Credit Suisse issued a report that speaks to the heart of our Aging of the Population investing theme – the changing demands and needs of the aging population as well as their economic footing will lead to a sea change in spending as Boomers no matter what country they live in become conservers of wealth. The spending shift will translate into tailwinds for certain areas of the economy and pronounced headwinds for others.
China’s baby boomers are set to retire in the coming years, and they’re spending in different ways compared to the current retirees, according to a Credit Suisse report.
These baby boomers — defined in the report as those born in the 1960s — are more aware of having their health-care needs covered, and that’s set to lead to a “very sharp shift” in trends in the country, said Will Stephens, Asia Pacific head of quantitative and systematic strategy at the bank.
Effects from the aging population will be felt across a wide range of industries, from health care to insurance, and travel and e-commerce, according to the report, which surveyed 1,500 middle-aged and elderly consumers in China.
Stephens said the group was “the largest cohort in history” — or about 245 million Chinese, and highlighted the differences compared to the current generation of retirees.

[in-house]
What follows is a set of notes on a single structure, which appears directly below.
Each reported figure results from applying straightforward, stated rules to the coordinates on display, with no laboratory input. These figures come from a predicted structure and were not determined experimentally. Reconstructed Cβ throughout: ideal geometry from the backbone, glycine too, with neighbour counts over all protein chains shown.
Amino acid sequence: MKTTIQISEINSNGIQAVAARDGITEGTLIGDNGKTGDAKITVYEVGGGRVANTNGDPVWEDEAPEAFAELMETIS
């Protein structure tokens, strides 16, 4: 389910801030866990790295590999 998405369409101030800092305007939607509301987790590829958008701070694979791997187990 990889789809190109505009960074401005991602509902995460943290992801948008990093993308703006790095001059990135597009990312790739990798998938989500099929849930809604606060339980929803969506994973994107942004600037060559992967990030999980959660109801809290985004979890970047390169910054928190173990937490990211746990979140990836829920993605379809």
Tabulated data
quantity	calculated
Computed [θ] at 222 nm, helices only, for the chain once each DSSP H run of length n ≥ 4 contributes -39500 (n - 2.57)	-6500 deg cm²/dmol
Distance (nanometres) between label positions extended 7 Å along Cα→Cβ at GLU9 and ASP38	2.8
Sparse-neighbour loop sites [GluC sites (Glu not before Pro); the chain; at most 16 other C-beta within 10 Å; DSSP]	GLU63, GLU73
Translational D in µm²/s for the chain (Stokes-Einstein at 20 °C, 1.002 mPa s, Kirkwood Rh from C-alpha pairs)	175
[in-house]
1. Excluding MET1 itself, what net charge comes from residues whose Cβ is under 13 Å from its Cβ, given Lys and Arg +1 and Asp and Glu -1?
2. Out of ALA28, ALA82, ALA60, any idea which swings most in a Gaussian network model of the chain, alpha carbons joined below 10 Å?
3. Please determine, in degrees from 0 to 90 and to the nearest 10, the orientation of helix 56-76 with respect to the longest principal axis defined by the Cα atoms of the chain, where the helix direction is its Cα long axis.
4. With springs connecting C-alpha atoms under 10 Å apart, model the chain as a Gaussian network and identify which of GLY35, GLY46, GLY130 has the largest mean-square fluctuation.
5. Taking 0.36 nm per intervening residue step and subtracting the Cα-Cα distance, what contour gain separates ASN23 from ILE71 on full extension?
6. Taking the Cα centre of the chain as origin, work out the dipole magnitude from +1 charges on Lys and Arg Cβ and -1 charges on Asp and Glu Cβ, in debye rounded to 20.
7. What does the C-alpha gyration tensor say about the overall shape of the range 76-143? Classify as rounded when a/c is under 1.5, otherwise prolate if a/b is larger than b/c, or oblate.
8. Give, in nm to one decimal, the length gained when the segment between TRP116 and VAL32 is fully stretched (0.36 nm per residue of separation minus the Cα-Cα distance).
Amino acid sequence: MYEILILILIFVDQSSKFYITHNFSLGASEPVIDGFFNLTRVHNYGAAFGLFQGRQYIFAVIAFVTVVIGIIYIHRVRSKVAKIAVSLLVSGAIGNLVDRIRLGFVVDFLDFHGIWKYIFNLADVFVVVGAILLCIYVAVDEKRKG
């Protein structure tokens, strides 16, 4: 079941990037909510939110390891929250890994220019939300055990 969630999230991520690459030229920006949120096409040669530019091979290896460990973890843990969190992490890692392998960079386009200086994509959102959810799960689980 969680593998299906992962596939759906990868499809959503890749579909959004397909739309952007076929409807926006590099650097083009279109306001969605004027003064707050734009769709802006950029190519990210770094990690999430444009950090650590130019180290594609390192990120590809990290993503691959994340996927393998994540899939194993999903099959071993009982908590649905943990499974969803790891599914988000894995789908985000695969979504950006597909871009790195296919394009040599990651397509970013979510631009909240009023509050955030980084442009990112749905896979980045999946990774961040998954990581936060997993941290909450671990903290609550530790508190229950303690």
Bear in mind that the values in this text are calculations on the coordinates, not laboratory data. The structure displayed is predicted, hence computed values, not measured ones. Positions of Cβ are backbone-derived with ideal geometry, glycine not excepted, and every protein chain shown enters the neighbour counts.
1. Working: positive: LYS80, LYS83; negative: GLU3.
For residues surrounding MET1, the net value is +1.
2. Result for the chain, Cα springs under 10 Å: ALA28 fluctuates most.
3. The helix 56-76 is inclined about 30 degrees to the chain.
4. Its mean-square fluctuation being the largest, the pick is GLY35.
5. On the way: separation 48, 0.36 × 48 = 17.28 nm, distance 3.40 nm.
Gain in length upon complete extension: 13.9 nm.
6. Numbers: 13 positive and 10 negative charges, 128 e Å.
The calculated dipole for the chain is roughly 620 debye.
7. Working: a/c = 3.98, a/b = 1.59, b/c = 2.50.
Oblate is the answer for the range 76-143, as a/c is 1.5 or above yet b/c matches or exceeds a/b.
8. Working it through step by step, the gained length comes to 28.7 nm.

“I think the key difference here is the sheer scale and size of the current generation of Chinese baby boomers that are going to be retiring over the next 10 years,” he said. “This boomer generation came of age right at the cusp of China’s inflection point into what’s essentially the greatest growth trend in history. So they have very different consumption patterns, different interests than what we see amongst the current retirees,” he told CNBC on Tuesday.
Citing the survey, Stephens pointed out that 39% of baby boomers expect that existing health-care social security plans will not likely meet their needs.